Street Fighter II. You know all about it. I know all about it. Or, rather, I thought I did, before a little YouTube browsing on the SEGADriven channel proved me wrong, pumping a new-to-me interpretation of Capcom's one-on-one fighter directly into my eyeballs, and reconfiguring my personal history of the eternal arcade classic.
Street Fighter II debuted in arcades in February 1991. Its playable roster of eight distinct characters and four 'bosses', from several parts of the world, gave it a substantial edge over its 1987 predecessor, where players could only take control of series poster-boys Ryu or Ken. No character played quite the same as the next, so while those who learned the nuances of Guile could take on all rivals as the US Air Force major, challenging them to play as Chinese Interpol officer Chun-Li could easily see a cocky competitor knocked from their throne.
Its stages were bright and vibrant, and playing the game in leisure centre reception areas, Laser Quest foyers or cinema lobbies (or, maybe, even in actual arcades) was like taking a trip to somewhere fascinatingly exotic. From Brazil to Las Vegas via the USSR, all the way to the final showdown against M Bison in Thailand, Street Fighter II was an intoxicating blend of cutting-edge visuals, compelling gameplay (can you pull off all the special moves?), and coin-munching just-one-more-try appeal. Your dad wants you in the car, right now? Too bad you've just slotted in another 20 pence.
That's the Street Fighter II you know - the one that turned arcade supremacy into Super Nintendo success in the summer of 1992, and ultimately became the blueprint for not only its ever-expanding series but also the fighting game genre as a whole. You may also know that the success of Street Fighter II saw a live-action movie based on its story and characters - starring Jean-Claude Van Damme as Guile, Kylie Minogue as Cammy, Raul Julia as M Bison and Wes Studi as Sagat - come out in 1994. Two games based on that film, both with Mortal Kombat-like digitised visuals, hit arcades and home consoles respectively in 1995.
You may also know that an animated movie version of Street Fighter II came out the same year as the terrible JCVD vehicle, distributed on home video in the UK by Manga Entertainment. It was fairly well received critically, and if you fancy checking it out the whole thing is on YouTube (in English, handily). But what you may not realise - I certainly didn't, until my YouTube discovery - is that Street Fighter II: The Animated Movie also received a video game tie-in. Yep, that's a movie based on a video game receiving a new video game based on the movie interpretation of the video game that it's now a kind of... spin-off to, I guess. Keeping up?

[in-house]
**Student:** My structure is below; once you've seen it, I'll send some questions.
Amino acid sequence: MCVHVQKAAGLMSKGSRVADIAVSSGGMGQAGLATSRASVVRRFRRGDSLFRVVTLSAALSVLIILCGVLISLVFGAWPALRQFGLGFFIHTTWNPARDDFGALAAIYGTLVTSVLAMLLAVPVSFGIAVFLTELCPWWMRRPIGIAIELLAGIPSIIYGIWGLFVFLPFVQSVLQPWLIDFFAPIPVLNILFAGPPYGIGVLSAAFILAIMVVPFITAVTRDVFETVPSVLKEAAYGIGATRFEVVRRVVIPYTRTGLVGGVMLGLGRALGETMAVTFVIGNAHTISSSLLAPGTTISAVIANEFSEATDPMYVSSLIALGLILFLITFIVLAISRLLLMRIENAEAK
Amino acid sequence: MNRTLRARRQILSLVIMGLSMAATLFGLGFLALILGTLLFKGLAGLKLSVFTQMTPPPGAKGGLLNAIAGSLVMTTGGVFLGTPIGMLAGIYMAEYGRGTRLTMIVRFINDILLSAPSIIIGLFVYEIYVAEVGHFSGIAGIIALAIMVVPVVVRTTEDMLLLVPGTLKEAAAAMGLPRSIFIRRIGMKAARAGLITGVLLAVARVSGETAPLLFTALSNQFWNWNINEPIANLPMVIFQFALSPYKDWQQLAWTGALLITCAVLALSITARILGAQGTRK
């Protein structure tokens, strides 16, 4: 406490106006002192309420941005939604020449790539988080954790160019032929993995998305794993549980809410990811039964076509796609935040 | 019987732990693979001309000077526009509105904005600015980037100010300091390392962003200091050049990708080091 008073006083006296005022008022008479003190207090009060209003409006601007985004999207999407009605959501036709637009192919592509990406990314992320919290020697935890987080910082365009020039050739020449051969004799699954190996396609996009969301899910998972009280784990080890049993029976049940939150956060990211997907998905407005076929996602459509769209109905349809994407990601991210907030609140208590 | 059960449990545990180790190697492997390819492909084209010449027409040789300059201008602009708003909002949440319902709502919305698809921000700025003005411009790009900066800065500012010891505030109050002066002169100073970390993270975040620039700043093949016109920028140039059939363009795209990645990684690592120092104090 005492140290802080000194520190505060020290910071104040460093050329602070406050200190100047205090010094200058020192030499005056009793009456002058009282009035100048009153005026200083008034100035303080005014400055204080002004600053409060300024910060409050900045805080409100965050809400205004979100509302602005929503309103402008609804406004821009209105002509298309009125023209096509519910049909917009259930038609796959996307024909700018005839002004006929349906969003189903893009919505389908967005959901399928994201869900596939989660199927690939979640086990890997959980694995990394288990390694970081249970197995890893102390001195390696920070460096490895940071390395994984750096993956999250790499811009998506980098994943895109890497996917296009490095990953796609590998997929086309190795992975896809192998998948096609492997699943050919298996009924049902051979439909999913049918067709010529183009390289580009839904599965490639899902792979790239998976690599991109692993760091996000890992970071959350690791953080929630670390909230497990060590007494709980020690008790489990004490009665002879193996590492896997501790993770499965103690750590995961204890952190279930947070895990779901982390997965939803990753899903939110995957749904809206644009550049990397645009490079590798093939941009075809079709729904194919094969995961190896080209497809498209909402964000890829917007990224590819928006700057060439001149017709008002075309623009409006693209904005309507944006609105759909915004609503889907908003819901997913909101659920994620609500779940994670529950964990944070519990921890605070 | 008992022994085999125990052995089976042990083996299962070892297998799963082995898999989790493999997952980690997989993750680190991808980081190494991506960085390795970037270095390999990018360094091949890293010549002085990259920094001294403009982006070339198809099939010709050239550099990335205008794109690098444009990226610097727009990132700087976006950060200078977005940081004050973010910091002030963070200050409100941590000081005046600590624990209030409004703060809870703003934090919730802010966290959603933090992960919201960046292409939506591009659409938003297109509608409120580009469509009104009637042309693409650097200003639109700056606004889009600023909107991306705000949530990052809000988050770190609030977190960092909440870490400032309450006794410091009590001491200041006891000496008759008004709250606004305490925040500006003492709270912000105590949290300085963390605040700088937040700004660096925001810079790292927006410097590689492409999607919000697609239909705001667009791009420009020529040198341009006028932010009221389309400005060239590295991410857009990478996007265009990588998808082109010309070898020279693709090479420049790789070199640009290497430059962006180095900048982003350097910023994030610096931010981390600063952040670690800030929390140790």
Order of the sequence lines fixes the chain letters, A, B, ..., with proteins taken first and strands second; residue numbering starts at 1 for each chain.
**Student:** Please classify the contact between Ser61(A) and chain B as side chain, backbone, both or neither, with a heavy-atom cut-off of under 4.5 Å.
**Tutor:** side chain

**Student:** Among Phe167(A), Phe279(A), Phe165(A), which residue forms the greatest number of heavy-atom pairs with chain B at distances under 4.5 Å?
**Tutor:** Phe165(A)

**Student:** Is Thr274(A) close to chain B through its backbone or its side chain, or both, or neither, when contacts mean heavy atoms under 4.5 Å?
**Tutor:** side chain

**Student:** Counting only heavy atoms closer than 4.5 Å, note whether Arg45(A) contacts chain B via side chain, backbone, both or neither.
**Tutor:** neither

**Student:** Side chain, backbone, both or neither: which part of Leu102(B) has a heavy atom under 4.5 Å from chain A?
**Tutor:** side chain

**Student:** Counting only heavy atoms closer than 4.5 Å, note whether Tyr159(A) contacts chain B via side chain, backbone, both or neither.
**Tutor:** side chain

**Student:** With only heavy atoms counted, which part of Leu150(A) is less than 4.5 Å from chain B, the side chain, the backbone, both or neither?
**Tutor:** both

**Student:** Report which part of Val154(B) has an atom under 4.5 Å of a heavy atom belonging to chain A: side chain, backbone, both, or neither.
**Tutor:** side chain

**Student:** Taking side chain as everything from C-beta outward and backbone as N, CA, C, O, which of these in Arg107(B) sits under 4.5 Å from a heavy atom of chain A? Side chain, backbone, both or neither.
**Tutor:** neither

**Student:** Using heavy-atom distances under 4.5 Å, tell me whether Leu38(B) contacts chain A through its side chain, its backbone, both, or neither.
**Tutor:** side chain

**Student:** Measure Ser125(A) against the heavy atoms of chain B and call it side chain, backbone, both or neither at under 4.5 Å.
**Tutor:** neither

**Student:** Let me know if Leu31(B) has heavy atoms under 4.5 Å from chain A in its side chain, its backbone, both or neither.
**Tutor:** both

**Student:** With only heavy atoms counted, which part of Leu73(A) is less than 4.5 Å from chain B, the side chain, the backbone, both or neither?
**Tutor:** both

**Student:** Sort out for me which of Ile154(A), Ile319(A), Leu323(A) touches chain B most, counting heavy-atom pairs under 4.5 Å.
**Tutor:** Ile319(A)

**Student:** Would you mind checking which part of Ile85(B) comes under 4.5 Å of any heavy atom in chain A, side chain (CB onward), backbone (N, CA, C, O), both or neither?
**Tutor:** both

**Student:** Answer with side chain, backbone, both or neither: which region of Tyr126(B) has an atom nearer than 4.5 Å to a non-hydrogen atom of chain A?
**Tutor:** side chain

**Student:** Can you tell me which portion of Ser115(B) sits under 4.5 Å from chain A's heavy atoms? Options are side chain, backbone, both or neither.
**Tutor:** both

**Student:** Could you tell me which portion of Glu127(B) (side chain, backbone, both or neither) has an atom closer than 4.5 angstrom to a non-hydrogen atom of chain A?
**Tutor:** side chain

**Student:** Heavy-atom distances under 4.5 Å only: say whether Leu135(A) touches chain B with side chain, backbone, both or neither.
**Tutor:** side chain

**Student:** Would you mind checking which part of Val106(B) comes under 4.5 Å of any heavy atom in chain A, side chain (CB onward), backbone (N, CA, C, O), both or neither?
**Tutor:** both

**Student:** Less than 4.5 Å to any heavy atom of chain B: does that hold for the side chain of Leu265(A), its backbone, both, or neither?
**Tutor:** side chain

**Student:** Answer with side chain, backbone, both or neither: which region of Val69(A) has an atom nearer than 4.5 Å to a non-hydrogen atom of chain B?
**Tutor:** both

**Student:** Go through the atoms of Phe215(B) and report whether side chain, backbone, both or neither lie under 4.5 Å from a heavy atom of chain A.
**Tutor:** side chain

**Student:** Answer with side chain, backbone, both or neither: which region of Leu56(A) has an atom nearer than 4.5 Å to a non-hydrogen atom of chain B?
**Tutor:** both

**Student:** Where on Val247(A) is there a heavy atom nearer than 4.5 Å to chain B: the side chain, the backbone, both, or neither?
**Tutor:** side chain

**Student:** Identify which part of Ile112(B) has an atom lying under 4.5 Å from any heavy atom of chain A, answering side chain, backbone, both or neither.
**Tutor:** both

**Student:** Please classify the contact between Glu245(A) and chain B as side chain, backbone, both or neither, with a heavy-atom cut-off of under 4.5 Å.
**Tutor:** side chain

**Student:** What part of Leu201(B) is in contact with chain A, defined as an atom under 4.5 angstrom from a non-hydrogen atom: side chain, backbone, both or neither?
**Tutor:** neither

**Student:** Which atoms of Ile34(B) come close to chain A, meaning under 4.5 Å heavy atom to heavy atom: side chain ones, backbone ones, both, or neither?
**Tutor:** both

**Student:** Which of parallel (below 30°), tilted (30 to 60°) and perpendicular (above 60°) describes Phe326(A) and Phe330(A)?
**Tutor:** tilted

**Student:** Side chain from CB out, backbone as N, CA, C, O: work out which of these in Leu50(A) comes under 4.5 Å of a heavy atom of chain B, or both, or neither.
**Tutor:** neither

And said game, titled Street Fighter: MOVIE, exclusively released in Japan for the Sony PlayStation in 1995 and the SEGA Saturn in 1996, is quite unlike anything else in Capcom's series. It does feature some one-on-one fighting, starring Ryu as a final boss and casting the player as an exclusive character, Cyborg. This element of the game plays the same way as 1994's Super Street Fighter II Turbo - but it's the climax to a game that is more about studying the art of fighting than practicing it.
MOVIE follows the plot of The Animated Movie - right down to using the same footage from the Group TAC-produced motion picture, alongside some new, exclusive clips made by the same studio specially for the game. It plays like many full-motion video titles of the early 1990s (see also: Night Trap, Ground Zero: Texas), with very limited interaction set atop video clips. The goal is to research fighters' moves, using Cyborg's in-built abilities to focus on kicks, punches and more - getting a read-out of each fighter's stats - to ultimately grow the character into being ready to face off against Ryu, who can also be sparred with in a practise mode.
I write Cyborg with a capital-C, but the same variety of humanoid robots are commonplace in The Animated Movie, dispatched by Bison's (or Vega's) Shadaloo organisation to spy on the world's greatest fighters. Nevertheless, MOVIE is the one and only game where Cyborg appears in a usable capacity, making this quite the novelty both in terms of how the game plays and who it lets you play as. There's also a Shadaloo stage exclusive to this game, too.
A very bizarre curio, then, in a franchise that's world renowned - and a game that I didn't even know existed until very recently. Check out the same SEGADriven video I watched below, to learn more about Street Fighter: MOVIE, as its series celebrates a fabulous 30th anniversary.
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